At War, At Sea in the Med 1941-44, The Naval Diary of Harold Copeman

At War, At Sea in the Med 1941-44, The Naval Diary of Harold Copeman

Transcribed and edited by Caroline & Chris Pond

Booklet published by the Alderton Press, 64 pages. A5 size booklet (N7564PE)

From the rear side cover: Leading Coder Harold Copeman (1920-2015), from Leyton, was an ordinary conscript in the Royal Navy. This is his secret diary, recording days of action and inaction alike, written on the back of coding sheets, and kept with a camera in his hammock. This remarkable survival has been transcribed by his daughter and son in law, and is published to mark 100 years from his birth and as a tribute to him and to the millions who served in great danger in the ships of the Royal Navy in the Second World War, especially in the Mediterranean Sea.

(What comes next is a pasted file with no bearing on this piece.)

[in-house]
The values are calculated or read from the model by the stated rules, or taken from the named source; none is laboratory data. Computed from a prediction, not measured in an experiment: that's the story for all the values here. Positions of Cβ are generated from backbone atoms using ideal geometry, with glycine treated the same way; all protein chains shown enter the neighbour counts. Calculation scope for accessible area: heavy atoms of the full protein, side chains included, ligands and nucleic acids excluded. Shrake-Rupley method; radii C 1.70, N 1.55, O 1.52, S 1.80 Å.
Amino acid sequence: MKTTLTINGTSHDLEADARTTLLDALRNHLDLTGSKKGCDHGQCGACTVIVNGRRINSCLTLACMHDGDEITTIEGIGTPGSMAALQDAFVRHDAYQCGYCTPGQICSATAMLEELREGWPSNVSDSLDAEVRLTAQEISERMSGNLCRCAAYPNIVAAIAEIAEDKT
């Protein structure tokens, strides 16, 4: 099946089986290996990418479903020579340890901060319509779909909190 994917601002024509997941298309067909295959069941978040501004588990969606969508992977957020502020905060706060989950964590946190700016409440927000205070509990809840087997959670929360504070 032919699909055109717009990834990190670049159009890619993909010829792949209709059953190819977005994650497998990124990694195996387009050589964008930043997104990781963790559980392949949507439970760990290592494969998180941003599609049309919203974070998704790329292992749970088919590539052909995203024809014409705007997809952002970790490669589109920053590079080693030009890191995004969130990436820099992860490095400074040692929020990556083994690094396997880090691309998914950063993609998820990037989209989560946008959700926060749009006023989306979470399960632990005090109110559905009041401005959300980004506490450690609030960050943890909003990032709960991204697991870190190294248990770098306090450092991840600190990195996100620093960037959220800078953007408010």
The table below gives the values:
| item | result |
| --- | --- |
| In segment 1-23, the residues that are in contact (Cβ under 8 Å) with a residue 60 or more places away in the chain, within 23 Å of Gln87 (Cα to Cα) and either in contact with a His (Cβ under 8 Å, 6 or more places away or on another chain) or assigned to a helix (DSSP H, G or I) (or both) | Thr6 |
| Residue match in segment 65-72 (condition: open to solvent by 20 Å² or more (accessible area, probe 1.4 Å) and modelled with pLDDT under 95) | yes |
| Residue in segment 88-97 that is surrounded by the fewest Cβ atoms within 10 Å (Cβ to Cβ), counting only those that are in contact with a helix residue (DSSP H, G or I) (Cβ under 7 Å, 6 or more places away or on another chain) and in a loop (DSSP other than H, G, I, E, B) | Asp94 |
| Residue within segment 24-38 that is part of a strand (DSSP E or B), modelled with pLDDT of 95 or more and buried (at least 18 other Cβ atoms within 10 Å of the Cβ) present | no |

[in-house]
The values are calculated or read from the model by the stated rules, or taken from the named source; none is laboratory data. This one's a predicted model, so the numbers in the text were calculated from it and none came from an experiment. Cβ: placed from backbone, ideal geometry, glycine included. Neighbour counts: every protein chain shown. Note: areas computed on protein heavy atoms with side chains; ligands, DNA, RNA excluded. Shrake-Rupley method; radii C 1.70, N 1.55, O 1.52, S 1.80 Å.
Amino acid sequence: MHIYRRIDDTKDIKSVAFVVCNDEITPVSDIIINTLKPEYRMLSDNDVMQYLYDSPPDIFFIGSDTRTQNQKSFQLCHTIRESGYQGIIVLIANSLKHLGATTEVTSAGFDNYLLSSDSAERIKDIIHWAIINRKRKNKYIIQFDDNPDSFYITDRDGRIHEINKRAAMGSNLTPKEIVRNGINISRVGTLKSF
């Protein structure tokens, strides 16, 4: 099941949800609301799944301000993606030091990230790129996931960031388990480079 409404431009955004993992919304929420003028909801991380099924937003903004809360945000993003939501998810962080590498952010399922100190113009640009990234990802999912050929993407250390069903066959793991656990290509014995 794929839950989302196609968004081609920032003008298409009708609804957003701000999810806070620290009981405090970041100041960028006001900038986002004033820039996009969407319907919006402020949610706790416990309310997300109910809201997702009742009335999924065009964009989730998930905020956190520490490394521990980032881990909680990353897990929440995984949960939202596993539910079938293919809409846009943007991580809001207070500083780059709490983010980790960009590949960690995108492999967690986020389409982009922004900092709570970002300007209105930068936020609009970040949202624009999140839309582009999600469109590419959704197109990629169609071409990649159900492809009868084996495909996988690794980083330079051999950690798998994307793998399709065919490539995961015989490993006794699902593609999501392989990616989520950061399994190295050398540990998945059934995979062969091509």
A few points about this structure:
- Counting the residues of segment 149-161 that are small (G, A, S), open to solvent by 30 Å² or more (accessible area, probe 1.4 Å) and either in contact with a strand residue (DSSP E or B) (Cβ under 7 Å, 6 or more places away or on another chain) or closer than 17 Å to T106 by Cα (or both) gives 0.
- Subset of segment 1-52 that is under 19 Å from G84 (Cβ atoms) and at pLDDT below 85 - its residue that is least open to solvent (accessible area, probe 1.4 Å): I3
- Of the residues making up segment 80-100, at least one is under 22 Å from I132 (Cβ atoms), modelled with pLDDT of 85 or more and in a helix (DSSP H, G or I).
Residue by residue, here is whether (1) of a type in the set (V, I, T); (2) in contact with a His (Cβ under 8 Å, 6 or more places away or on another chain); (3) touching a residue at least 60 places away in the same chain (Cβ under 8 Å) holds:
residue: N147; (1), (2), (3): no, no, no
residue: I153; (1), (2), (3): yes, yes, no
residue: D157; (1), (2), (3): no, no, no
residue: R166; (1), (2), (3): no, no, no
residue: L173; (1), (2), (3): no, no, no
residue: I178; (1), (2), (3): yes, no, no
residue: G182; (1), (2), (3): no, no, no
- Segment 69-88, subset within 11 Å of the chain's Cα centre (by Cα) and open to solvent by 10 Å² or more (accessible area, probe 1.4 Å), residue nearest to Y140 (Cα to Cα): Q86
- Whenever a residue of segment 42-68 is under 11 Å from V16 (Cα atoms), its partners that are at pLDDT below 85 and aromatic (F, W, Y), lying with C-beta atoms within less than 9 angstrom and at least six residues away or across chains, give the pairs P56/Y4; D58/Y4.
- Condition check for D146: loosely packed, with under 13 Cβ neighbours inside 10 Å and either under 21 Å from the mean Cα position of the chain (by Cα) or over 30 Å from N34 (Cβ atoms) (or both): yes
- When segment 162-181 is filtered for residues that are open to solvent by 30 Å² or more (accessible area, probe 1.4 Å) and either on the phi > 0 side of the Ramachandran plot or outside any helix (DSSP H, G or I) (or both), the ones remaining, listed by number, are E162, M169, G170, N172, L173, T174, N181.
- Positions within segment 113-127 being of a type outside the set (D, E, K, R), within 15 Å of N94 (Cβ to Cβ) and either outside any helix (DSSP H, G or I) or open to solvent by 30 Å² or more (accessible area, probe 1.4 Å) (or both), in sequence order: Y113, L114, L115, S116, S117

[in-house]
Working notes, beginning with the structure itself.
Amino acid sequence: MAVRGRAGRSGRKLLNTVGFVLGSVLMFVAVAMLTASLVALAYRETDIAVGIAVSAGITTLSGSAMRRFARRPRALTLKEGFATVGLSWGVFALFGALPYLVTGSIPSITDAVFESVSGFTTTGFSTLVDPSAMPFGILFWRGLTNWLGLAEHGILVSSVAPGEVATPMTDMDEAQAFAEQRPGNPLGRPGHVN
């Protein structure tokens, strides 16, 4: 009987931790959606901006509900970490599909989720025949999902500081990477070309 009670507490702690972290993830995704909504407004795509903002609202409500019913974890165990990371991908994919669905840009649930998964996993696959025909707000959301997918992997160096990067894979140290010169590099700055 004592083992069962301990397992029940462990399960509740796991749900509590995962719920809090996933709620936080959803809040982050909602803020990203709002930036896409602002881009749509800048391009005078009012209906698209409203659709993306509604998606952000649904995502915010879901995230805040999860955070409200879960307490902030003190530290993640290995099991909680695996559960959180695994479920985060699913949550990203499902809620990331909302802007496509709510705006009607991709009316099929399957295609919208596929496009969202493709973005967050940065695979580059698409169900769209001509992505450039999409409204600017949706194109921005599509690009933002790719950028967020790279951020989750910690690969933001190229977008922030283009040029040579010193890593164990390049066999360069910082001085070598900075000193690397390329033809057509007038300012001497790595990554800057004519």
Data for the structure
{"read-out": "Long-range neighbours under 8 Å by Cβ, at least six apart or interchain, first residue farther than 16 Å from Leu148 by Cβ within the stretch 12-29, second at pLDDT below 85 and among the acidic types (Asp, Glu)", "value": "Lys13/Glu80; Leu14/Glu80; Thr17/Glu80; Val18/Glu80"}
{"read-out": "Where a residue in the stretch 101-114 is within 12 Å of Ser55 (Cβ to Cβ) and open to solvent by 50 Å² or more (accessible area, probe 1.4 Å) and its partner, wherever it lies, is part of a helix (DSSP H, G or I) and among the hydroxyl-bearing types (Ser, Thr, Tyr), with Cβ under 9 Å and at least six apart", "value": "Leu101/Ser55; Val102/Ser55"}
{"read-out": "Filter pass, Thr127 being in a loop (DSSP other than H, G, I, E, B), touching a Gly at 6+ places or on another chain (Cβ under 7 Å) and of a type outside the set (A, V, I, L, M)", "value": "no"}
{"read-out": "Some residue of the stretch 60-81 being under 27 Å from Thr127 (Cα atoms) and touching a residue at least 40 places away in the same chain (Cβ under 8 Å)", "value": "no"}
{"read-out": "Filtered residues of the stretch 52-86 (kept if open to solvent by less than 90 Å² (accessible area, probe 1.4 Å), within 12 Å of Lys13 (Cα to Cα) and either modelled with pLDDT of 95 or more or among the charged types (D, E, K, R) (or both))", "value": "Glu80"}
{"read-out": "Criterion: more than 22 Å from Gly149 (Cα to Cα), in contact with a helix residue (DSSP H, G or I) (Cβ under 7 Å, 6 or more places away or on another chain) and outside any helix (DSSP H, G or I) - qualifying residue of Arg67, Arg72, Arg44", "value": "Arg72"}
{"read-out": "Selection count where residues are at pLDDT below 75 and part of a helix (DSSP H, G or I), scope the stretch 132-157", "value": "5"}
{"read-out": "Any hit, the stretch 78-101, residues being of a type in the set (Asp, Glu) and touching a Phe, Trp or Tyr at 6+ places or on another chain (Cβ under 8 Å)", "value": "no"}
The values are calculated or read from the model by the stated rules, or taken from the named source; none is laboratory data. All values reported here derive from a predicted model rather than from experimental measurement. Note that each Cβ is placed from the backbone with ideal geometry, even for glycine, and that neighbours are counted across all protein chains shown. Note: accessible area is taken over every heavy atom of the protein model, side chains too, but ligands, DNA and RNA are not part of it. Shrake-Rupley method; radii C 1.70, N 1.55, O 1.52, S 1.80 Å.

Harold served on the Dido Class Cruiser HMS Cleopatra, and his diary offers a fascinating insight into life on board during the war, as well as recording some of the wartime exploits of the warship and its crew.

From the introduction: his diary says, he opted to join the Royal Navy, and was duly called up in 1941. His ministry had been evacuated to St Anne's, Lancashire, and that is where his medical examination took place. The diary was written on the backs of Naval Message sheets folded into four, sewn into a rough card cover, and kept by Harold rolled in his hammock - he said it was against the regulations to keep a diary. Most of the very small handwriting is in pencil, and some is verging on illegible. The little book measures 8ins x 3ins. It consists of some 95 sides of writing...

Harold did not speak very much about the War, but he sometimes said that as a coder, he and his colleagues in the CCO or 'office'mostly knew about things well before the captain. Harold was just an ordinary conscript, called upon to endure great danger. He used his skills not only in the job of coding and decoding, but to create (for himself) a record of war service and the sea war in the Mediterranean that we thought would be of wider interest, including his days of that feature of naval life, 'nothing much happened'...

Condition of the booklet is generally excellent. The covers are clean and bright, the spine is intact and all pages are clean, intact, unblemished and tightly bound.